Monday, August 27, 2007
When you've already got this many cats what's one more?
“You got another cat?” my dad asked in disbelief.
“I didn't mean to.” I retorted.
It was true. I didn't mean to but he was so little and lost. I knew as I stood there in the twilight watching the little black kitten pounce a piece of hay that I wasn't leaving the barn without him. He was barely bigger than my hand and the word around the barn was he'd been there for a couple of weeks. I hadn't gone riding in a month so I'd missed his arrival. He was living in the shed where we store the horse's hay. The hay bales made plenty of small hiding places that provided supreme shelter for such a small cat and he needed it. The barn teems with predators who'd love to munch a kitten: hawks, owls, stray dogs and that doesn't even mention the larger cats, opossums and raccoons who wouldn't necessarily eat him but if they attacked they'd leave him seriously wounded.
I glanced at my friend Amye. Neither of us wanted to leave him there. I lost the debate since Amye still has more cats than I do, even after the addition of the kitten. We made a make-shift cat carrier and loaded the kitten in my car. My husband was going to be murderous.
Five minutes into my trip home I decided to ease him into the news. A guitarist, my husband was at band practice for the evening. Band practice puts him in a stellar mood. It was the perfect time to drop the bomb shell. He'd have happy pheromones going to help buffer the blow, sort of like chocolate. Plus, he'd probably already had at least one beer. I dialed his cell.
“How's it going?” I asked. They had just acquired a new bass player and it was his first practice with the band.
“It's going great!” Brian practically bubbled through the phone. “We sound better than ever! He already knows how to play Circles. He learned the into even. And then we were playing...”
I cut him off. “I found a kitten.” I announced. Yep, that'll ease him into it.
“It's not coming to our house.”
“Too late, he's already in the car. We're on the interstate.” I could hear the gnashing of his teeth and imagine the complaints he's soon be lodging with his band members about how I was bringing home another cat. Lucky thing he had those pheromones.
Brian and I hung up and the kitten and I soon arrived at home. I set him up in the office where I could keep him separate from our 3 adult cats and the dog. He didn't know what to think of being indoors at first but a bowl of cat food mixed with some chicken broth made an immediate impression on him. He gulped down the food and soon was purring loudly and happily pouncing some cat toys I'd found for him. It didn't take him very long to decide that living in my house was a definite improvement over the hay barn.
After the trip to the vet revealed that he was transmittable disease free he was introduced to the adult cat population. Friday is great with kittens so he went first. The kitten stared at Friday from underneath my computer desk. Friday ignored him and instead sniffed the litter box and the kitten's food. Soon, though, he eased over to say hello. The kitten hissed. Friday jumped back, feelings hurt and went to hide under Brian's computer desk. That's my brave, fearless Friday. It took him several days to get over his hurt feelings but it wasn't long before he and the kitten were chasing each other down the hallway.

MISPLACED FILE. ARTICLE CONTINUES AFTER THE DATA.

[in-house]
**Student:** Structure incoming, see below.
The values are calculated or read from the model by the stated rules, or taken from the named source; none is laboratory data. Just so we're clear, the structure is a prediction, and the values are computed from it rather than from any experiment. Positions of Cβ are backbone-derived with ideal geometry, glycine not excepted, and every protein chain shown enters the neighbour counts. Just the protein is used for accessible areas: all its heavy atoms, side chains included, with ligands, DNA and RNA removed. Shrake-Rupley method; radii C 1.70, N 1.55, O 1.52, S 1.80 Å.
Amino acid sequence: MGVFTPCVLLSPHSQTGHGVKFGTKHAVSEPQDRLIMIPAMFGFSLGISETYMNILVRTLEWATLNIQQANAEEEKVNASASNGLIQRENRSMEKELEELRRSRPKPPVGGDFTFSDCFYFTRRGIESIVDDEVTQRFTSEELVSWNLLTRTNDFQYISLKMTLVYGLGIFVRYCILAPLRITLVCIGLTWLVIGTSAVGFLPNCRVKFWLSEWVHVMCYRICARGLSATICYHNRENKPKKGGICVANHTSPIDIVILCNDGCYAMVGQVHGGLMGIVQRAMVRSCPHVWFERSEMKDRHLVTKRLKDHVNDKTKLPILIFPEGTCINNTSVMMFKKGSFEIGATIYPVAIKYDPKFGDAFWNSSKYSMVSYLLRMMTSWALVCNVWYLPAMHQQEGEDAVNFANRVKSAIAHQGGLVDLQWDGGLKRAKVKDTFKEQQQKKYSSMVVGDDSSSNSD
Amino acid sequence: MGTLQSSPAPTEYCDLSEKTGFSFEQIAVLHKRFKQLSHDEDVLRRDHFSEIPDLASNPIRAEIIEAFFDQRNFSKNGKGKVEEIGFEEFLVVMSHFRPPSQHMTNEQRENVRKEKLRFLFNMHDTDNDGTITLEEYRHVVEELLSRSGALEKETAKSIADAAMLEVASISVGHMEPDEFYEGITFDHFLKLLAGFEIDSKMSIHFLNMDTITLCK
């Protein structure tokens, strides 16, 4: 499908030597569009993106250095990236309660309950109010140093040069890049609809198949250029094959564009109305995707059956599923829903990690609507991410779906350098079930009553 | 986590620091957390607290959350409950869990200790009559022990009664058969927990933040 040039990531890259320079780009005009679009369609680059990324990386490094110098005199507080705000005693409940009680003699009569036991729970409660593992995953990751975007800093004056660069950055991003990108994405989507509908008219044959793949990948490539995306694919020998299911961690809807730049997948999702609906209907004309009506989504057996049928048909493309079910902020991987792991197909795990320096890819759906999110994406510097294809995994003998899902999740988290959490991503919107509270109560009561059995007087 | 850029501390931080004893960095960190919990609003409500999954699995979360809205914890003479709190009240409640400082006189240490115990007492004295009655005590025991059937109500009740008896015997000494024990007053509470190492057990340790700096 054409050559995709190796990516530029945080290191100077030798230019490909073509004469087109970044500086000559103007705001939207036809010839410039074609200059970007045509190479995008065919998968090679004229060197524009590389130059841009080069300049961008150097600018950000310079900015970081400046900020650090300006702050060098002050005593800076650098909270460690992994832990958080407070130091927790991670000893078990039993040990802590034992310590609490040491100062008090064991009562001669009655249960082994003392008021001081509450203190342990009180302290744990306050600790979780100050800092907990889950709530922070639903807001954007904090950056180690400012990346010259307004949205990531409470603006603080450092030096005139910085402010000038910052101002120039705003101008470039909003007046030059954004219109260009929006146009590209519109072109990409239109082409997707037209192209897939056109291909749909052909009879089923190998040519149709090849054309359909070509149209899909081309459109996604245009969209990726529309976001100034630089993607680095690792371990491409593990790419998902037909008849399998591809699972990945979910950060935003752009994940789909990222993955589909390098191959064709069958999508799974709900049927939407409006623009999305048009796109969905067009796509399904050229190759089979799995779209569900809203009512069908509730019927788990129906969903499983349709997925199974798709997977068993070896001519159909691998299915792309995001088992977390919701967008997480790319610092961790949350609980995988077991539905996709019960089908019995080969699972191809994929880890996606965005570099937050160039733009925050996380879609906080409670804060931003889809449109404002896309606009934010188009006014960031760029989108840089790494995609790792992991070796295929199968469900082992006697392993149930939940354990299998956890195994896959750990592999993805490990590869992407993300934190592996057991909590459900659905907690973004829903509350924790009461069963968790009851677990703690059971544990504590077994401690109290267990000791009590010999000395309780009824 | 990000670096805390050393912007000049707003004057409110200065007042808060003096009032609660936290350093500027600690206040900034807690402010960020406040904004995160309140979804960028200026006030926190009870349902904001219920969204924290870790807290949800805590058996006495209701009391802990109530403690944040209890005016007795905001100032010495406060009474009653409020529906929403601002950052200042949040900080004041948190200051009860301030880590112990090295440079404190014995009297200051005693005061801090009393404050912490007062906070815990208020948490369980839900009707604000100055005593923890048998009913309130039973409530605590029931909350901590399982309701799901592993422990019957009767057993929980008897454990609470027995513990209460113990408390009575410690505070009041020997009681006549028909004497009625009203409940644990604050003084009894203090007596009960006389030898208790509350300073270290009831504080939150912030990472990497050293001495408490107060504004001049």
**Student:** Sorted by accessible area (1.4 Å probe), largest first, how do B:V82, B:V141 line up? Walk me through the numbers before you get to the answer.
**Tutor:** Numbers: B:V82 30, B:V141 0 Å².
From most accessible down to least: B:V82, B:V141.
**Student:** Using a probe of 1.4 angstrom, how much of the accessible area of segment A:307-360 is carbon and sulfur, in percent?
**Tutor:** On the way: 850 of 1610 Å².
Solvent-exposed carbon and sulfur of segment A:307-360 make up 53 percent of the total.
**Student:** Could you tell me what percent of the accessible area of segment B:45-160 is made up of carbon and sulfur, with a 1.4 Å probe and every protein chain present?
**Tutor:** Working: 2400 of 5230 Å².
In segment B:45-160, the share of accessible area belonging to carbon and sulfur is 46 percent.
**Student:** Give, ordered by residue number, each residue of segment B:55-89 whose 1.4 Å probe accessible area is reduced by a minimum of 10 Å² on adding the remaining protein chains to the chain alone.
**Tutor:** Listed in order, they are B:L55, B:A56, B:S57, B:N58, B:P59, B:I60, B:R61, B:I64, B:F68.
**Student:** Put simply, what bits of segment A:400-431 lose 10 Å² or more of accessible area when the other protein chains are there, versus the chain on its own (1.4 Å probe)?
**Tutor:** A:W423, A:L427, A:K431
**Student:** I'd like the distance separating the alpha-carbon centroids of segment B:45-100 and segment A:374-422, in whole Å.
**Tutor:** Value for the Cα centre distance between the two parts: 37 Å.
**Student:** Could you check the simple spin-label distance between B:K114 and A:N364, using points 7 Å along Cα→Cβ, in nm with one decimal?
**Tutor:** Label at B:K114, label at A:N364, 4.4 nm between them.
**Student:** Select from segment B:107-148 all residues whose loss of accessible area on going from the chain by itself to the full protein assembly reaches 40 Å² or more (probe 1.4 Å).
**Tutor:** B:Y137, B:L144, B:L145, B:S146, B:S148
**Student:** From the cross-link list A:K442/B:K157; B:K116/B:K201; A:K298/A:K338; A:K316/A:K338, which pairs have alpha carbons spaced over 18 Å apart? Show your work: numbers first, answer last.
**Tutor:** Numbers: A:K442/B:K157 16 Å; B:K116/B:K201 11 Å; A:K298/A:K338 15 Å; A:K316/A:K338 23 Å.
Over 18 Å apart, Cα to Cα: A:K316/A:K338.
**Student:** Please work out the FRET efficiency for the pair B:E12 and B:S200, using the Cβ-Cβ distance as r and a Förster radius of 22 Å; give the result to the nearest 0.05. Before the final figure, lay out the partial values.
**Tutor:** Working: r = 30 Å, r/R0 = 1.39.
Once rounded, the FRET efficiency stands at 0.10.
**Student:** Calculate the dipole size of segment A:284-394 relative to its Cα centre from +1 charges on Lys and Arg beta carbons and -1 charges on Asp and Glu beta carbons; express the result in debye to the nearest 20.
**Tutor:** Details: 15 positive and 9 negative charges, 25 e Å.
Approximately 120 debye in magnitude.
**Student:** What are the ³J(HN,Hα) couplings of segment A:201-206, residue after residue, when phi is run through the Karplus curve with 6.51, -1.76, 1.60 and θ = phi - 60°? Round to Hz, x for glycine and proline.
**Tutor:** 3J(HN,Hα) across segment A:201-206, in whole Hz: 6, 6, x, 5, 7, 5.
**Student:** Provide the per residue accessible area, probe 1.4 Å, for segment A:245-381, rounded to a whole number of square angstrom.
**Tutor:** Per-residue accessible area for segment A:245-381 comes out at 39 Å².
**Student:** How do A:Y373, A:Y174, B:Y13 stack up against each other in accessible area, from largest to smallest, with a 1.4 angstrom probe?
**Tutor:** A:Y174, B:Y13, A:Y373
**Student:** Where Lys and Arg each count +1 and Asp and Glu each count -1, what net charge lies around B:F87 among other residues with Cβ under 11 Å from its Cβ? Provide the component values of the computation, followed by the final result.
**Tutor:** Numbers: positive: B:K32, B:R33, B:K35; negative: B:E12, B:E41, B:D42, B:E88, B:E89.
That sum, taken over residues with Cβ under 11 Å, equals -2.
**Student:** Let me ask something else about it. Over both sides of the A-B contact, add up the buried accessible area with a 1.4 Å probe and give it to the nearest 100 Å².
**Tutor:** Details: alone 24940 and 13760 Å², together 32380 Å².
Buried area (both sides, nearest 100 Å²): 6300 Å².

Hemmy went next. Hemmy was indifferent to the kitten and far more interested in the kitten's food. Hemmy is easily distracted by potentially edible items. Kit, on the other hand, didn't give a rip about the extra food. She was furious that after defeating the Labrador, I'd had the nerve to bring another animal into her house. She fluffed up her tail, arched her back and leaped hissing at the kitten. Fortunately, I was prepared for this reaction and I moved to back her up and calm her down; but before I could intervene, the kitten wheeled around, fluffed up his tail, arched his back and hissed right back at her. Kit didn't know what to do. Perplexed, she licked her lips and sassed out of the office annoyed and confused. I began to see how the little guy had avoided being eaten at the barn. He may have only been 2 pounds but he was 2 brave and aggressive pounds. I suspected that he was going to fit into our crazy household just fine.
So here I sit a few weeks later with a four cat household instead of a three cat household. I always said we were full, but I was wrong. Now we're full. Furthermore, I see my suspicions were correct and the kitten is fitting in nicely. He and Friday have a love-hate relationship that involves pouncing and running but includes a general politeness that prevents actual injury. Hemmy is still more interested in the food but that will probably never change and Kit has admitted a grudging respect and has decided not to murder the kitten after all. Since she feels the same about Friday and Hemmy I'm guessing that's the best we're going to get from her.
The kitten for his part is a fast learner. He's a bit of a stinker too and leaps out of nooks and crannies to pounce the older cats. Luckily, he's not only smart he's very fast and has avoided the occasional retaliation from the big kitties. For this reason, he still lives in the office when we're away. I'm not entirely sure if I'm protecting him or protecting the big cats but I'm certain that my own sanity is largely preserved by keeping him separate. The other thing I am sure of is that this little guy will give me plenty of stories to tell and recount here and that's something that I'm looking forward to very much.
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